Think back to your last important communication event. Maybe it was a presentation to five hundred key stakeholders, or maybe it was an innovative product pitch for the CEO and her team. You had your message down pat—you’d prepared your data points, supporting stories, and visual supports using audience-first methodology—and you’d rehearsed until you knew your key points like the back of your hand. Your content was on point. You were talking like a leader.
But did you look like a leader?
It’s an easy trap to fall into: we focus so much on what we’re going to say that we forget to think about how we’re presenting ourselves on stage. But our nonverbal communication patterns—from the way we stand to the way we move our hands to, yes, the way we dress—have a powerful impact on how our audiences perceive us as communicators and as leaders.
Last time you knew a speaker was nervous, how did you know? It might have come across in the words he said, but more likely, it showed in his gestures, posture, and facial expressions. And those nervous ticks likely undermined his well-crafted message. On the other hand, speakers whose body language indicates they’re poised, confident, and collected will have an easier time captivating and persuading their audiences.
So next time you’re preparing for an important communication event, consider these four strategies to ensure your body language makes you look like the leader you truly are.
1. Posture: Aim for Confident, but Relaxed
Whether you’re standing on a stage or sitting across the desk from your audience, there are two posture extremes to avoid. The first is the slump. If you’re slouching your back, shoulders rolled forward, chin tilted down, you’re giving your audience the distinct impression that you aren’t interested in what you have to say. And if that’s the case, why should they care, either?
On the other hand, when you’re so upright you look like you’ve got a board strapped to your back, knees locked, arms planted at your sides, you start to appear nervous, and your audience will wonder why you’re so anxious—what have you got to hide?
The ideal posture, the one that will make you look and feel confident, is somewhere in the middle—erect, but relaxed, leaning forward ever so slightly to indicate interest, with your knees unlocked and your arms free to gesture authentically.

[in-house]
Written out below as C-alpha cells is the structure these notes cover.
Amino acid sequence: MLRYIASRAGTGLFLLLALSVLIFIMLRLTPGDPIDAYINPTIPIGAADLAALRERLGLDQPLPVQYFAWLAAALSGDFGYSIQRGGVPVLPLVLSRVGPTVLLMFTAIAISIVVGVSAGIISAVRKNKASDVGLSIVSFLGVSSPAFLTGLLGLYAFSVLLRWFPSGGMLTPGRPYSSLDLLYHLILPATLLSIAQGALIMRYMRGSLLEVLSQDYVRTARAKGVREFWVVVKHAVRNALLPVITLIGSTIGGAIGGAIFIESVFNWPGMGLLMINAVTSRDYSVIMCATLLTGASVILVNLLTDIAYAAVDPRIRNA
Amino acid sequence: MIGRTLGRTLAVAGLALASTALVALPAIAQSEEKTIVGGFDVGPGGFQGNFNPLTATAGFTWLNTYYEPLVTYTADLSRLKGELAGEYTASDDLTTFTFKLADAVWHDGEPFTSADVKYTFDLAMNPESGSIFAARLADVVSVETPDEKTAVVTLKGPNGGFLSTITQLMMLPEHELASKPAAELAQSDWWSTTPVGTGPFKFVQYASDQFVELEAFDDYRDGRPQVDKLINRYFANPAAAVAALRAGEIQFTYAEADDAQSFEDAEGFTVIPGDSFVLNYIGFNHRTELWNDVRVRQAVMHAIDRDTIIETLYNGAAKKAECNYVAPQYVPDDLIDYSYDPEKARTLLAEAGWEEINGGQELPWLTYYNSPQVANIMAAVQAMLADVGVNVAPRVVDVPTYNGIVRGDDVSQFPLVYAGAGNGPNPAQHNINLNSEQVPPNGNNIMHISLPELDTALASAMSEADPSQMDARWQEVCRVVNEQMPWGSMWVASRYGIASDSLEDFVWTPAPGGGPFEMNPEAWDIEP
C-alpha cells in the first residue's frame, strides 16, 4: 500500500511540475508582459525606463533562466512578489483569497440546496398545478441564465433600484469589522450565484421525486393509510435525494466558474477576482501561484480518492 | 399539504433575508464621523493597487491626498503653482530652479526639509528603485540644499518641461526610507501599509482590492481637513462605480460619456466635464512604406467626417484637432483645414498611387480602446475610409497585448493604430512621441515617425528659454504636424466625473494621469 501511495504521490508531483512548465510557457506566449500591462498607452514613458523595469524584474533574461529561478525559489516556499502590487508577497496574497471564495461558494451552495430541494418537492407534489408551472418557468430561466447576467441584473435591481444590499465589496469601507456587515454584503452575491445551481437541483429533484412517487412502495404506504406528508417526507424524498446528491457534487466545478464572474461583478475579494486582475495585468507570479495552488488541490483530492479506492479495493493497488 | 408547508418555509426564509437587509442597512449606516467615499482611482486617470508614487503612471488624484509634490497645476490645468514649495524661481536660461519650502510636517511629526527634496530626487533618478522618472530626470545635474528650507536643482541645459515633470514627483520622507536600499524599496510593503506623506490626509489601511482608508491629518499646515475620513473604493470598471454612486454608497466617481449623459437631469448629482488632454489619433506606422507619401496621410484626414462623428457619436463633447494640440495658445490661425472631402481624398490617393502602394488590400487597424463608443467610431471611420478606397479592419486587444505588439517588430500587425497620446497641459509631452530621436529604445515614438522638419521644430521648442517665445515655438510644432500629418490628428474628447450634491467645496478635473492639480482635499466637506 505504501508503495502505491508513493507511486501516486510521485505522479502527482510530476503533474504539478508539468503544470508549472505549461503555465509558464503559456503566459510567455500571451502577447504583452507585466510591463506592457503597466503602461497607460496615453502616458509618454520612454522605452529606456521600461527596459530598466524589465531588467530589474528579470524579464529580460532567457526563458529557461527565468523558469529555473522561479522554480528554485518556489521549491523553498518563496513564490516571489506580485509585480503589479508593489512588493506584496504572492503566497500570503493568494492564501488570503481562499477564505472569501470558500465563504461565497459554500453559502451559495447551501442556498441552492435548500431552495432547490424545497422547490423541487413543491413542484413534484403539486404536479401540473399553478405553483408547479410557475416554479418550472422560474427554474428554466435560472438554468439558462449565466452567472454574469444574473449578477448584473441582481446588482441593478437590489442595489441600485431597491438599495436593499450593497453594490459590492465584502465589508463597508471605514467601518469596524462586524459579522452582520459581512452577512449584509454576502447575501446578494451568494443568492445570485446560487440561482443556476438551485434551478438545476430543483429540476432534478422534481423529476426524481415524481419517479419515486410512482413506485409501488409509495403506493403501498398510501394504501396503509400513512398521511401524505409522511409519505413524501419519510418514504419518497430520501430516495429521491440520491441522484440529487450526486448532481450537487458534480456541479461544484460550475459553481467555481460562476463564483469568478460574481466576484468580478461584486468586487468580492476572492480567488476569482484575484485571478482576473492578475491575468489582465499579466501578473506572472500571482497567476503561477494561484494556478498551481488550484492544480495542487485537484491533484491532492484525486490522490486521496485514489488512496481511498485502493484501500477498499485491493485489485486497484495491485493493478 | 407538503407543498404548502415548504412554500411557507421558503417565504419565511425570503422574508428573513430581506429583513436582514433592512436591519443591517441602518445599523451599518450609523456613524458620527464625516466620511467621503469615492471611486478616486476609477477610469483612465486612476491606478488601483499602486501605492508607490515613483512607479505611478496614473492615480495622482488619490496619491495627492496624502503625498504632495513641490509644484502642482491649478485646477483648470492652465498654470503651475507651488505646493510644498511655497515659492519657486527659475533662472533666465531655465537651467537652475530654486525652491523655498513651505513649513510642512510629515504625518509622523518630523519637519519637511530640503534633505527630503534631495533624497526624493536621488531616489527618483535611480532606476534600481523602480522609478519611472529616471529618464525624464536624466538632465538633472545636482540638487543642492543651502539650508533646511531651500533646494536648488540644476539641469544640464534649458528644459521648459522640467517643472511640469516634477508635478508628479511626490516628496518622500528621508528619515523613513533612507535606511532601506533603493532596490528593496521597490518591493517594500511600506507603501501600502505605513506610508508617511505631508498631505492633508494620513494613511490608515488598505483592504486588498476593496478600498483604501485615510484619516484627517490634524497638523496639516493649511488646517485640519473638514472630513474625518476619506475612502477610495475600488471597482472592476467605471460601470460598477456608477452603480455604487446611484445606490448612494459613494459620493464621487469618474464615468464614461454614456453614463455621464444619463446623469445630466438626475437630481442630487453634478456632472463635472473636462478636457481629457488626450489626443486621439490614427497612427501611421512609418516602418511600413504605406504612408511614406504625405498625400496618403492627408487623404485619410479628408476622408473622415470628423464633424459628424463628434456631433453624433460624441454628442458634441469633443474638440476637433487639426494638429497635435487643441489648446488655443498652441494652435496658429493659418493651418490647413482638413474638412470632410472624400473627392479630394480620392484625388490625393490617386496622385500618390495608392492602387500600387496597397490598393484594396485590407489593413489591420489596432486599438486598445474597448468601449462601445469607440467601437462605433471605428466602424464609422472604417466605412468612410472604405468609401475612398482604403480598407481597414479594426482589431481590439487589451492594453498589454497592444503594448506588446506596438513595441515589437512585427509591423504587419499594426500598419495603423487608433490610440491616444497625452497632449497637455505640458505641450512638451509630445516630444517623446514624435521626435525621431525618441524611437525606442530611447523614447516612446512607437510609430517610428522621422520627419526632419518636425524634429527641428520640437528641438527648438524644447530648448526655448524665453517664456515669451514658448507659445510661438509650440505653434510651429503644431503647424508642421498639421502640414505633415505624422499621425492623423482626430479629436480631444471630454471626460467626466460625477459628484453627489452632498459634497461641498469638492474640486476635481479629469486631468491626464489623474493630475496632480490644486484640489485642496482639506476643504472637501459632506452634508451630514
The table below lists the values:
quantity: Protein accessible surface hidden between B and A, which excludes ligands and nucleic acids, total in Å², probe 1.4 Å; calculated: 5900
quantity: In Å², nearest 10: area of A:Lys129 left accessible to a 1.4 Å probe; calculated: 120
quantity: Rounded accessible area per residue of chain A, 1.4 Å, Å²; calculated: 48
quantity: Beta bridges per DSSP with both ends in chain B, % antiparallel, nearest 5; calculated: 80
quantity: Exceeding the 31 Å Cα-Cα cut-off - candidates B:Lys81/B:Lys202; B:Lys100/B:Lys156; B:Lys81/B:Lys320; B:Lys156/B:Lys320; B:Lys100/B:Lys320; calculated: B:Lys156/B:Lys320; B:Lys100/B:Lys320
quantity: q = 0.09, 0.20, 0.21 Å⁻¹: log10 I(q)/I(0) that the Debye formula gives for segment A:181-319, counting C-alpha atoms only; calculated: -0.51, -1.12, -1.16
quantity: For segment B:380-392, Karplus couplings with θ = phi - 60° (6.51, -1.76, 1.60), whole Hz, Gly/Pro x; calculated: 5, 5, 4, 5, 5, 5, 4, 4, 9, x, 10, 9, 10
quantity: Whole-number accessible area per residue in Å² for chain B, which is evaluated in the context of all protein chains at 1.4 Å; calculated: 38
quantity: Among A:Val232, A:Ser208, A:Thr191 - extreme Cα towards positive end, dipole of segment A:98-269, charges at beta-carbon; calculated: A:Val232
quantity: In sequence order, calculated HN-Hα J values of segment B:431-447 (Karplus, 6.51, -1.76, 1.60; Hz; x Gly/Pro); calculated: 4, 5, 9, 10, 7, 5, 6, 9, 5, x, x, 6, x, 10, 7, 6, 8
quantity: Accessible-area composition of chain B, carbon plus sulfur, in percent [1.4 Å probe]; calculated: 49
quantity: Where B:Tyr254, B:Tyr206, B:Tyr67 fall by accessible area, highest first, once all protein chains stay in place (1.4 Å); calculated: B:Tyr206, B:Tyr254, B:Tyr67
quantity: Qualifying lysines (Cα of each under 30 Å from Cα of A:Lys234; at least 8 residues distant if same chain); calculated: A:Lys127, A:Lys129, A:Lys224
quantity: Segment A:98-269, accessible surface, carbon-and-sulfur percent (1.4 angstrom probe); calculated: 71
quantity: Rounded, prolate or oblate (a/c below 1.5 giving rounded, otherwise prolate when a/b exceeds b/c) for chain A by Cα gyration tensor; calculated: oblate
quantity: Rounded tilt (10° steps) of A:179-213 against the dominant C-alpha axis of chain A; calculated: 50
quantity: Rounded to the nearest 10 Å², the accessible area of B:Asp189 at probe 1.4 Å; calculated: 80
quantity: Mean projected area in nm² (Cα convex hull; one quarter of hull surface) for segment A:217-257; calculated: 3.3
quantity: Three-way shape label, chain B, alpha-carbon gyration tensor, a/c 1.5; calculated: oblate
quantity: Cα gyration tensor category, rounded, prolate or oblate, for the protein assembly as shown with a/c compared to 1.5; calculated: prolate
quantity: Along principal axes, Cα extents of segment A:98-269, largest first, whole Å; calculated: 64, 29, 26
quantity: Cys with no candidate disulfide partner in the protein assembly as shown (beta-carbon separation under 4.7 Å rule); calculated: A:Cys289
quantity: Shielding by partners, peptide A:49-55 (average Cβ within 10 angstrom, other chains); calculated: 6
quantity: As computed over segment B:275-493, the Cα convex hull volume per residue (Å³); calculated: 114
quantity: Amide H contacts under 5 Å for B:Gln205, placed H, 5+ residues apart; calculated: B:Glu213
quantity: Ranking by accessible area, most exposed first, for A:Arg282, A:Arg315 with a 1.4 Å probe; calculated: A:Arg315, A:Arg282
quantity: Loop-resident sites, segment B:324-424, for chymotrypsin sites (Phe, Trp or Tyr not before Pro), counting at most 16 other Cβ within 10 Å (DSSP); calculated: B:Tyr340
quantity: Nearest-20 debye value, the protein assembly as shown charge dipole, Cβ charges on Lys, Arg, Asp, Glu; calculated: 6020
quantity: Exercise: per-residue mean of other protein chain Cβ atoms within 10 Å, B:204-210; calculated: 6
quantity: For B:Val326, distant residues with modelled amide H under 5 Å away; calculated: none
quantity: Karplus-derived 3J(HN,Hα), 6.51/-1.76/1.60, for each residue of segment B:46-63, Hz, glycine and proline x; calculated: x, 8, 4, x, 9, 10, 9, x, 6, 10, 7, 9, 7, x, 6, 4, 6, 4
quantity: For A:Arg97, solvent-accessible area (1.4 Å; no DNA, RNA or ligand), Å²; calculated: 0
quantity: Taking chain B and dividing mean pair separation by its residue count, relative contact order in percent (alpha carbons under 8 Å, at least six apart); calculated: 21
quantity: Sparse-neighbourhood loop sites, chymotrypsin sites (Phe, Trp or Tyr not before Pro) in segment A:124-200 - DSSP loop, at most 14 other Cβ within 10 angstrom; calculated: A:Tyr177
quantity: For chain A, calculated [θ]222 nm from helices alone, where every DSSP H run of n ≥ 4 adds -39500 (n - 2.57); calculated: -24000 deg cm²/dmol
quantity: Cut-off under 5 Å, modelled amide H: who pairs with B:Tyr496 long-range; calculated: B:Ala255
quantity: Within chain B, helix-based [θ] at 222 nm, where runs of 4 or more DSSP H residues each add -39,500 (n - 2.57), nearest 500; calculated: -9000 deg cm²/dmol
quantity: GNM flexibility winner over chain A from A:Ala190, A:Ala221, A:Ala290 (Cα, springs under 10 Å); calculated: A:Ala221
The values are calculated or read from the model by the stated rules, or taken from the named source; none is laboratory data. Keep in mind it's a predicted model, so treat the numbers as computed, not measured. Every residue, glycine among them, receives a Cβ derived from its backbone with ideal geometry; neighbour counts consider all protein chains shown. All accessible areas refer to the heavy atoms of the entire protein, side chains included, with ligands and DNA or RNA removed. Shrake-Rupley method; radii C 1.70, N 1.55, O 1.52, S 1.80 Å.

2. Gestures: Fit Your Tone—and the Space
And speaking of gestures, there are three important things to keep in mind here.
First, are you using your hands and arms in a way that makes sense? Are your gestures natural, and do they fit the tone of your message? If you’re making a subdued announcement, broad, dramatic motions likely won’t make sense; on the other hand, if your tone is celebratory, your gestures can be, too.
Second, are they conveying your own engagement with your audience? If your arms are crossed across your chest or torso, you’re telling your audience you’re not open to anyone else’s ideas or feedback; this is a one-way conversation. But open-palmed gestures indicate openness and collaboration.
Third, do your gestures fit the space? The broad motions that work well on stage in large auditoriums will feel contrived and overdone in smaller settings, and visa-versa: when you’re in a large space, your movements will need to be larger in order to be seen.
3. Facial Expressions: Match the Mood
Like your gestures, you want to ensure your facial expressions match the mood of your content. It’s important to cultivate an open, inviting “resting” facial expression, but depending on what you’re communicating, a big, cheesy grin may not be appropriate all the time. Conversely, if you’re sharing happy news with a frown, your message isn’t likely to land like you hope.
Like your gestures and posture, your facial expressions are critical for helping audiences understand how you feel about your message and, in turn, how theyshould feel about it. They’re powerful drivers of emotional contagion, and they’ll have a significant impact on the audience’s perception of you and your message.
4. Movement: Emphasize Key Points
Like posture, movement in a presentation, or even a conversation, lives on a spectrum. On one end, there’s the speaker who stands stock-still for the entire exchange. On the other, there’s the pacer who moves or shifts or sways constantly. The first appears overly rigid; the second is likely to make the audience dizzy.
When you think about movement on stage, you’ll want to think again about what’s appropriate in the space—what works on stage may not work so well in the conference room. But you’ll also want to think about how you can use movement to underscore key points or transitional moments. You might step forward to let the audience in on a secret, or pivot your body as you reenact a conversation or address up opposing points, or move toward the audience to field a question.
While too much random movement can be distracting for audiences, natural, purposeful movements will help them follow your train of thought—and it will help you appear more authentic and shake off your nervous energy.
In any important communication event, you’re asking your audience to buy into what you have to say, taking action or changing their perspective based on your message. And while the words, themselves, are the foundation of that message, the way you present yourself while you say those words is critical to your success in engaging, retaining, and persuading your audience.